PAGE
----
Sculpture in honour of Marconi

Related to City Art
Installed 1976
Large stainless-steel sculpture made from tubular pieces with a city skyline in the background

A stainless steel modernist sculpture inspired by the moment Guglielmo Marconi lit up Sydney Town Hall with a radio signal from Genoa.

Artist: Michael Kitching 

Artwork description

On the secluded north terrace of Sydney Town Hall stands this unique sculpture – a monument to Australia’s close association during the 1930s with pioneering inventor and electrical engineer Guglielmo Marconi.

The artwork, by sculptor Michael Kitching, was a gift to the people of Sydney from the Italian community. It commemorates the centenary of Marconi’s birth and his outstanding contribution to the development of Australia’s international communications network.

The sculpture was inspired by the events of the night of 3 March 1930, when Marconi made wireless history by lighting up Sydney Town Hall from his yacht in Genoa – more than 16,000km away.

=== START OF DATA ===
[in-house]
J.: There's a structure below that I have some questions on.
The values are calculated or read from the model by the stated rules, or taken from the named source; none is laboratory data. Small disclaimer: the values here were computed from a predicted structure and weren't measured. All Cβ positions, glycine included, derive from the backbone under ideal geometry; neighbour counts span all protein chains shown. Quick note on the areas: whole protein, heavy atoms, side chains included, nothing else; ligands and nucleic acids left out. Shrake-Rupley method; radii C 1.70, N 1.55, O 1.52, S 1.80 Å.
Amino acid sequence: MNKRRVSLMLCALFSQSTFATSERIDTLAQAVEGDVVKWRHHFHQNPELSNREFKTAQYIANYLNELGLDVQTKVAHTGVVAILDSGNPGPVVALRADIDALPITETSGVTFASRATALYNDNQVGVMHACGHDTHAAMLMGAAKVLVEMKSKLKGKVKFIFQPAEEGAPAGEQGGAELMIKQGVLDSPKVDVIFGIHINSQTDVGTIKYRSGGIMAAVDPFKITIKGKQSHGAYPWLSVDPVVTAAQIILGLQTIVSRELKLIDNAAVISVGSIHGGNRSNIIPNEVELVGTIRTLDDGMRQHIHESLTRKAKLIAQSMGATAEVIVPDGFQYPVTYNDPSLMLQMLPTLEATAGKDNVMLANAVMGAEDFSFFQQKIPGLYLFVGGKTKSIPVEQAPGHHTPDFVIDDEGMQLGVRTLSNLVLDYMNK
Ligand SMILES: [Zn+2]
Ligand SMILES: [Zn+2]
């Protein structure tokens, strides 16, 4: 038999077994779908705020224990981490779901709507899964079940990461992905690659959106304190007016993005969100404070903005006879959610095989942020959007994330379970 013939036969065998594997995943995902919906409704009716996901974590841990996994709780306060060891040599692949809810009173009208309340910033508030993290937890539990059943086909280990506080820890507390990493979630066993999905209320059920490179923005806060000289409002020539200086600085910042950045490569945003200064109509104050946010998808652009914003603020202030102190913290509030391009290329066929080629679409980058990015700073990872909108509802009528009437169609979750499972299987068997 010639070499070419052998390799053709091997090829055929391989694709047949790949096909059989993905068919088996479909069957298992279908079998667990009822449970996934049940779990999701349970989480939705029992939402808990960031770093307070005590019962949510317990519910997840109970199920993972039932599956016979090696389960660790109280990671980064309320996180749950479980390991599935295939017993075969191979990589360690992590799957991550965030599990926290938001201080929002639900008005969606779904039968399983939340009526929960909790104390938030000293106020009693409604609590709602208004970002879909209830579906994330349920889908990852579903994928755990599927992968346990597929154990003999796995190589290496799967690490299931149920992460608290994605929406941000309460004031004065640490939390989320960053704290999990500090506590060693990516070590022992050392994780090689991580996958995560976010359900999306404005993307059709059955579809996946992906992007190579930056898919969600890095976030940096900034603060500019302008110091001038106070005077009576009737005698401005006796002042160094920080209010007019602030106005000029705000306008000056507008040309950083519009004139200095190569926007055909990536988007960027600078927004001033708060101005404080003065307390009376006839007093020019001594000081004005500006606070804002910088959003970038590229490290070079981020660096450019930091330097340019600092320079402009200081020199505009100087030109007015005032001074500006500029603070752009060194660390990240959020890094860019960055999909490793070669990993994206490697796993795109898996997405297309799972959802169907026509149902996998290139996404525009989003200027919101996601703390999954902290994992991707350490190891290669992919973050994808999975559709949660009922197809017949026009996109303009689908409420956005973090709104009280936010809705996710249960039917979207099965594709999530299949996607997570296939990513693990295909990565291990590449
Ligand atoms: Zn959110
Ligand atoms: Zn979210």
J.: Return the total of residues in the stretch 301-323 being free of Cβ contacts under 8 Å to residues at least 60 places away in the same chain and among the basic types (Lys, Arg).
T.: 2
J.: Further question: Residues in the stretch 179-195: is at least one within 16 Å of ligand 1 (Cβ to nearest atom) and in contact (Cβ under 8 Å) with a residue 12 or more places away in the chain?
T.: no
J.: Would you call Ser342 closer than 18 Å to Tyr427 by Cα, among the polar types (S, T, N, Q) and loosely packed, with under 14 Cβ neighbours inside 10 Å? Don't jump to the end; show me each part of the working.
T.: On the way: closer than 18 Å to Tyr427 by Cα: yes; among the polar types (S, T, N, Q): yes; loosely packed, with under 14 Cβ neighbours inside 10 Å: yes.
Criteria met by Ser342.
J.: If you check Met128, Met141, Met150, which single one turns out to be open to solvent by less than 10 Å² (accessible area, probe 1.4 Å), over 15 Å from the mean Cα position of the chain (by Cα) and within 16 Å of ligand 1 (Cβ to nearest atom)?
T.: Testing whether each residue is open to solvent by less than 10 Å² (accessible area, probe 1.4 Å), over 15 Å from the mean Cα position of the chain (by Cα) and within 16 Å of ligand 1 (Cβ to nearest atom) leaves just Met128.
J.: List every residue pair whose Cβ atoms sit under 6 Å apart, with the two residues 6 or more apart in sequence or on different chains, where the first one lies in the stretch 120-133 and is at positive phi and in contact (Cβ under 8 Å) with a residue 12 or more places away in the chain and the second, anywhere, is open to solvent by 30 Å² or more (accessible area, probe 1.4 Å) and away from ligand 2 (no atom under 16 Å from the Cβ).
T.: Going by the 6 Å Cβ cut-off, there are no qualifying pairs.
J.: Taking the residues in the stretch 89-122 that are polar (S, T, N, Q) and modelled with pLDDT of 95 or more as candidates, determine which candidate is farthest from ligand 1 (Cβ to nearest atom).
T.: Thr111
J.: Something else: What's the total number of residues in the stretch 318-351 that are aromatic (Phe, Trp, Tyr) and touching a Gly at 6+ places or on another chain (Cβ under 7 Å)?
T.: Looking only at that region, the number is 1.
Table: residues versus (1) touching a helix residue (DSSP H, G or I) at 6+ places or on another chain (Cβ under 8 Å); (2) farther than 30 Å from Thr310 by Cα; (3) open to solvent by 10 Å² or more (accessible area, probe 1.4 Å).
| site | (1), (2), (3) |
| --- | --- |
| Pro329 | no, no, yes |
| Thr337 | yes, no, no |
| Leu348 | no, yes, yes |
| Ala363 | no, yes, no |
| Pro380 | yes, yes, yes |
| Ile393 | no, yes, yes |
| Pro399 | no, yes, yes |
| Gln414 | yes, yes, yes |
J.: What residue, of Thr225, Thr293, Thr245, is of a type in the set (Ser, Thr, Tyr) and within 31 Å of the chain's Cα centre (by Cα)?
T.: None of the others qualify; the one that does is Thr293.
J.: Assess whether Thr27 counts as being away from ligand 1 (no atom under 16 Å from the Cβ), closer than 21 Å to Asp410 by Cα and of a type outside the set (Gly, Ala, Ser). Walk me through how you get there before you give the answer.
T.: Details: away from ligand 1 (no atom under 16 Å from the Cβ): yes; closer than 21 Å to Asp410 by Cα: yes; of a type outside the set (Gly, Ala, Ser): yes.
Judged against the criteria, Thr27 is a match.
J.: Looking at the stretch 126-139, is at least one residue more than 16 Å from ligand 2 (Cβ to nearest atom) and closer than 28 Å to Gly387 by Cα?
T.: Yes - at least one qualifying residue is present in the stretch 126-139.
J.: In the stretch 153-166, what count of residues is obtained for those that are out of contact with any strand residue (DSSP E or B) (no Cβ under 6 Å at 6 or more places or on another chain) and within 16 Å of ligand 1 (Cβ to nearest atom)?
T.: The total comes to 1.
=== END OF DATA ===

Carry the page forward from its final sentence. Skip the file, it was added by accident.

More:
Never before had a radio signal been transmitted so far and it was the first time enough power had been transmitted to remotely operate a switch. To the delight and amazement of a spellbound audience, the town hall’s lights blazed to life just one seventh of a second after Marconi sent the signal.

Kitching’s artwork in granite and stainless steel represents the Morse code transmitter and receiver used in those historic events. It’s connected by a radio mast and the jagged line of Marconi’s radio wave – echoed in twisting shadows on the sculpture’s stone base when the sun blazes down on the steel.

The memorial was commissioned in 1974, during Marconi’s centenary year, and unveiled on 26 October 1976 by his daughter Elettra. It resides as part of the very building illuminated by Marconi’s historic wave.

The artist is not trying to explain this world; he is merely trying to reveal it in its diversity.

– Michael Kitching


British-born Michael Kitching (1940–2019) arrived in Australia in 1952. He began his career as a teacher but quickly resigned to pursue his art. Kitching worked with a wide range of textures and materials, including aluminium, perspex and mirrors, and won an array of awards and prizes for his painting and sculpture.

His work is displayed in galleries throughout Australia including the Australian National Gallery.

He was commissioned to create a number of large sculptures including this memorial in honour of Guglielmo Marconi.

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